# Dominated convergence theorem of Lebesgue measurable sets using monotone convergence theorem

Theorem (Monotone convergence theorem for measurable sets): Let $E_1 \subset E_2 \subset \ldots \subset \mathbb{R}^d$ be a countable non-decreasing sequence of Lebesgue measurable sets. Then $$m\bigg(\bigcup_{n=1}^{\infty}E_n\bigg)=\lim_{n \to \infty} m(E_n)$$ Again let $\mathbb{R}^d \supset E_1 \supset E_2 \supset \ldots$ be a countable non-increasing sequence of Lebesgue measurable sets. If at least one of the $m(E_n)$ is finite, then $$m\bigg(\bigcap_{n=1}^{\infty}E_n\bigg)=\lim_{n \to \infty} m(E_n)$$

Using this theorem, I have to prove the following theorem:

Theorem (Dominated convergence theorem for measurable sets): Let $E_1, E_2, \ldots$ are Lebesgue measurable sets in $\mathbb{R}^d$ such that $(i)$ $E_n$ are all contained in another Lebesgue measurable set $F$ of finite measure and $(ii)$ the sequence of sets $\{E_n\}_{n=1}^{\infty}$ converges pointwise to the set $E$. Then $$\lim_{n \to \infty}m(E_n)=m(E)$$

Note that I cannot use MCT or DCT for measurable functions, or any other advanced machinery in order to avoid circularity. The book strictly says to use MCT for measurable sets only!

• I would assume that the definition of "converge pointwise" for sets would exactly be the condition $E=\cap E_n.$ – Leon Sot Dec 15 '16 at 10:33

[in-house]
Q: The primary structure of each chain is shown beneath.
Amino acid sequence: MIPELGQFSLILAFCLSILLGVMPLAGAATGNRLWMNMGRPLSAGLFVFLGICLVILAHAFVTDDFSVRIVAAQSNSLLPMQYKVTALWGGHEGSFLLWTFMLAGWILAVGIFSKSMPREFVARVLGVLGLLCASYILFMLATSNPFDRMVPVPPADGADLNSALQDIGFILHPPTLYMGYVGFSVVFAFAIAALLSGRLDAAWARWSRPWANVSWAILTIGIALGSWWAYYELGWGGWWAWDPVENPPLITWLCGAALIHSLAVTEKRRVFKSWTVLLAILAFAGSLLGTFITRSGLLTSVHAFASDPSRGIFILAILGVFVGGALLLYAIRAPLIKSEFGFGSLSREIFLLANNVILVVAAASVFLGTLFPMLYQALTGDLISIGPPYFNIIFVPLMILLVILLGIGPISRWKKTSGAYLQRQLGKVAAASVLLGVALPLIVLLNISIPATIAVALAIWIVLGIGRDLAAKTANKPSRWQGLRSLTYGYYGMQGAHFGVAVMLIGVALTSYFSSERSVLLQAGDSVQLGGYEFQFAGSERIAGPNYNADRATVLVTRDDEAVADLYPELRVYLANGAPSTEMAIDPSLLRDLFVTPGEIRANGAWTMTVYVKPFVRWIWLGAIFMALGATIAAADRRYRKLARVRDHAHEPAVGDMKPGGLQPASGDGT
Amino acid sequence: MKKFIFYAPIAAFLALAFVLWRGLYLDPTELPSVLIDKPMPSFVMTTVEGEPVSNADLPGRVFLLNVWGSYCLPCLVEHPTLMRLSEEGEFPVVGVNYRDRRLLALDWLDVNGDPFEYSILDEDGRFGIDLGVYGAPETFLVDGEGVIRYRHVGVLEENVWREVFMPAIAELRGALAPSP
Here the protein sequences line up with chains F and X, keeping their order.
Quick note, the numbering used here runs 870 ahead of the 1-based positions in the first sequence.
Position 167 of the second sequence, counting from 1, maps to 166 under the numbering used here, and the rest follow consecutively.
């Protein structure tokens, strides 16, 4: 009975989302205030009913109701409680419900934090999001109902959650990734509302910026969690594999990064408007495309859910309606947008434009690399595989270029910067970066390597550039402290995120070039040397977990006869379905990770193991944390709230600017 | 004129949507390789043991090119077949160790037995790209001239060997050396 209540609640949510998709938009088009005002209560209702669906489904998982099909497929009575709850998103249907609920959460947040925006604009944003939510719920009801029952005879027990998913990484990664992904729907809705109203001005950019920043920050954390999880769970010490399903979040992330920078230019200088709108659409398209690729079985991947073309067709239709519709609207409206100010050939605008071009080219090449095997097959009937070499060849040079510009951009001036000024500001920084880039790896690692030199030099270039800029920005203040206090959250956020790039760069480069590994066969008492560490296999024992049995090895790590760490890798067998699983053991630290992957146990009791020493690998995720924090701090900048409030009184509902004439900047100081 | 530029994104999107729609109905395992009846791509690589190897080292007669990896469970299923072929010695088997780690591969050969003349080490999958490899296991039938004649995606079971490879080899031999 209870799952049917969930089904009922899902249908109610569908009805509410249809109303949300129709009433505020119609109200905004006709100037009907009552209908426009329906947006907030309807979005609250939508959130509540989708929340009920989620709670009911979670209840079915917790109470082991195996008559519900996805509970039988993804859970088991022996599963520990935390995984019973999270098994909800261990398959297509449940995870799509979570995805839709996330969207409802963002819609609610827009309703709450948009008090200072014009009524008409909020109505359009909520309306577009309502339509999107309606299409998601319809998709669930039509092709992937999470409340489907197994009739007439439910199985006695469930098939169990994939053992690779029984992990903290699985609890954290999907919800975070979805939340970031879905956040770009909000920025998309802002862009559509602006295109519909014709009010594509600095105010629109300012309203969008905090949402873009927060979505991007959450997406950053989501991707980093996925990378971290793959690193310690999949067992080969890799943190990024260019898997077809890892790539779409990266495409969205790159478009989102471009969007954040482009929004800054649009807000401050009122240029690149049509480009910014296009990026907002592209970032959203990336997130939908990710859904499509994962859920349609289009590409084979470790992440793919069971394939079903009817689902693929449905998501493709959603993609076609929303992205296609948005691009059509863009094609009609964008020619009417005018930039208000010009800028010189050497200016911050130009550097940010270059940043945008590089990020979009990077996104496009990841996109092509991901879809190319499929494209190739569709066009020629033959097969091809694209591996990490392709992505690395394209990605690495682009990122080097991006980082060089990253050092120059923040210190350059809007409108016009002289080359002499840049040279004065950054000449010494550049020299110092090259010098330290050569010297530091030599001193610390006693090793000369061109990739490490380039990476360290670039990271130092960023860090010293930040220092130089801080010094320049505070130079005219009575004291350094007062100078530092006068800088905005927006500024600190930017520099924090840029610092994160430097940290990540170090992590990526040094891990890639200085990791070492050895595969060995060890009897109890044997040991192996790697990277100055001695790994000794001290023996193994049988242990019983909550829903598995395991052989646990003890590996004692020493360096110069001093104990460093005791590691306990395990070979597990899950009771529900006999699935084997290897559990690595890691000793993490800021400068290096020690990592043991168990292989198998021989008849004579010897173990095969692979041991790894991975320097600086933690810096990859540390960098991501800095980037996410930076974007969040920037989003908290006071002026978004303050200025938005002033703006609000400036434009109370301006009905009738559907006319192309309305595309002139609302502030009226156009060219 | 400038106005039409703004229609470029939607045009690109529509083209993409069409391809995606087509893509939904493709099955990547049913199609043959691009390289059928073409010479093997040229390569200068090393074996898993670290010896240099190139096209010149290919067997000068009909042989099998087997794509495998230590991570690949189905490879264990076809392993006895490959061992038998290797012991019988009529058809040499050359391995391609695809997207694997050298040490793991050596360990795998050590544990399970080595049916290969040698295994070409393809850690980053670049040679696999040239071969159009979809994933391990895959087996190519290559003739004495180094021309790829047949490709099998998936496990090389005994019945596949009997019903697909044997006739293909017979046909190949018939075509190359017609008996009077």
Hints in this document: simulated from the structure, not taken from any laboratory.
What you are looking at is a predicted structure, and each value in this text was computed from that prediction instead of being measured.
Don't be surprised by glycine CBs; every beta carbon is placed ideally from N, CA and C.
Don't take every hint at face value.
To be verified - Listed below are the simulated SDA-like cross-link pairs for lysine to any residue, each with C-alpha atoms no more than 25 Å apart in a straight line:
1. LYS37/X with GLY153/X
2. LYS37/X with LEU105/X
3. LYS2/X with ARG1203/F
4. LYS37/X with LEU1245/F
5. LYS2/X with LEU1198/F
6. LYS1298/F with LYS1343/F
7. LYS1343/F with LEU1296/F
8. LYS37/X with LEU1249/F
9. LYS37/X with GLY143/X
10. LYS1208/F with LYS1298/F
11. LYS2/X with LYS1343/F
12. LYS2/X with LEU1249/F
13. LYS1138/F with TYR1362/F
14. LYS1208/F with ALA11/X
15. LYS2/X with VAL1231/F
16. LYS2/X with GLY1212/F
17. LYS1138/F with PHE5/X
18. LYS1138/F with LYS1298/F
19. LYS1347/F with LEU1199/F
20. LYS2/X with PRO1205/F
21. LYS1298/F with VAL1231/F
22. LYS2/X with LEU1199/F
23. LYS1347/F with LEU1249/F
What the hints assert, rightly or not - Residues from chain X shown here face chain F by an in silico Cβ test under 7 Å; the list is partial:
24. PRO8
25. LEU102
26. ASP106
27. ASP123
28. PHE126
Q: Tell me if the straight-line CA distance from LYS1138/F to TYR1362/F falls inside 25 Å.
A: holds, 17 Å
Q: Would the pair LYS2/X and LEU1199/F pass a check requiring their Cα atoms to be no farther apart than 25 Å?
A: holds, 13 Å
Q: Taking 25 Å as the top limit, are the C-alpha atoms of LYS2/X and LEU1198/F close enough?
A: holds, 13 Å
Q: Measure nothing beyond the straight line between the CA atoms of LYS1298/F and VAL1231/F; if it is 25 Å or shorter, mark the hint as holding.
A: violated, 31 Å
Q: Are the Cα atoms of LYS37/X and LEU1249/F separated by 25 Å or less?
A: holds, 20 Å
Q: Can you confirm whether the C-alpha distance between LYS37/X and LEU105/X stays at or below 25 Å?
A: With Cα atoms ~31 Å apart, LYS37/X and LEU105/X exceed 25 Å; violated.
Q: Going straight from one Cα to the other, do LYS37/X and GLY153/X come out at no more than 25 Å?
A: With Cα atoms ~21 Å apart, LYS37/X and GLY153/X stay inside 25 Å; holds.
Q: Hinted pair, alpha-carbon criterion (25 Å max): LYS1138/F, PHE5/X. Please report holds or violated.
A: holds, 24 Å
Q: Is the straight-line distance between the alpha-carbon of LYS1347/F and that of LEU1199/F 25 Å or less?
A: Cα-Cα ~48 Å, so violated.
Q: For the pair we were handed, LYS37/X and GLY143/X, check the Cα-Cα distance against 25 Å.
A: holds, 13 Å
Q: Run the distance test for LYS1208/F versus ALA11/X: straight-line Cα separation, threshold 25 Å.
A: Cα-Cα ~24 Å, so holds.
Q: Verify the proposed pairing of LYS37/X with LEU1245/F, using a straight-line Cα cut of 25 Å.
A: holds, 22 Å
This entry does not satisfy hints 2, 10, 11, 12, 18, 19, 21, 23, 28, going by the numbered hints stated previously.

• I'm very interested to know what book you are reading. – Hua Dec 15 '16 at 16:19
• @Hua I think it's Introduction to Measure Theory by Terry Tao. I've come across the same question (and ran into the same difficulty). – AspiringMathematician Apr 11 '17 at 15:29

Note that $$\liminf E_n = \bigcup_n \bigcap_{k\ge n} E_k$$ Hence, by the MCT $$m(\liminf E_n) = \lim_n m\left(\bigcap_{k\ge n} E_k\right) \le \liminf m(E_n)$$ On the other hand $$\limsup E_n = \bigcap_n \bigcup_{k\ge n}E_k$$ gives by the MCT $$m(\limsup E_n) = \lim_n m\left(\bigcup_{k\ge n} E_k\right) \ge \limsup m(E_n)$$ Hence, as $\liminf E_n = \limsup E_n = \lim E_n$ $$m(\lim E_n) = m(\liminf E_n) \le \liminf m(E_n) \le \limsup m(E_n) \le m(\limsup E_n) = m(\lim E_n)$$ This implies $$\liminf m(E_n) = \limsup m(E_n) = m(\lim E_n)$$ therefore $m(E_n)$ converges to $m(E)$.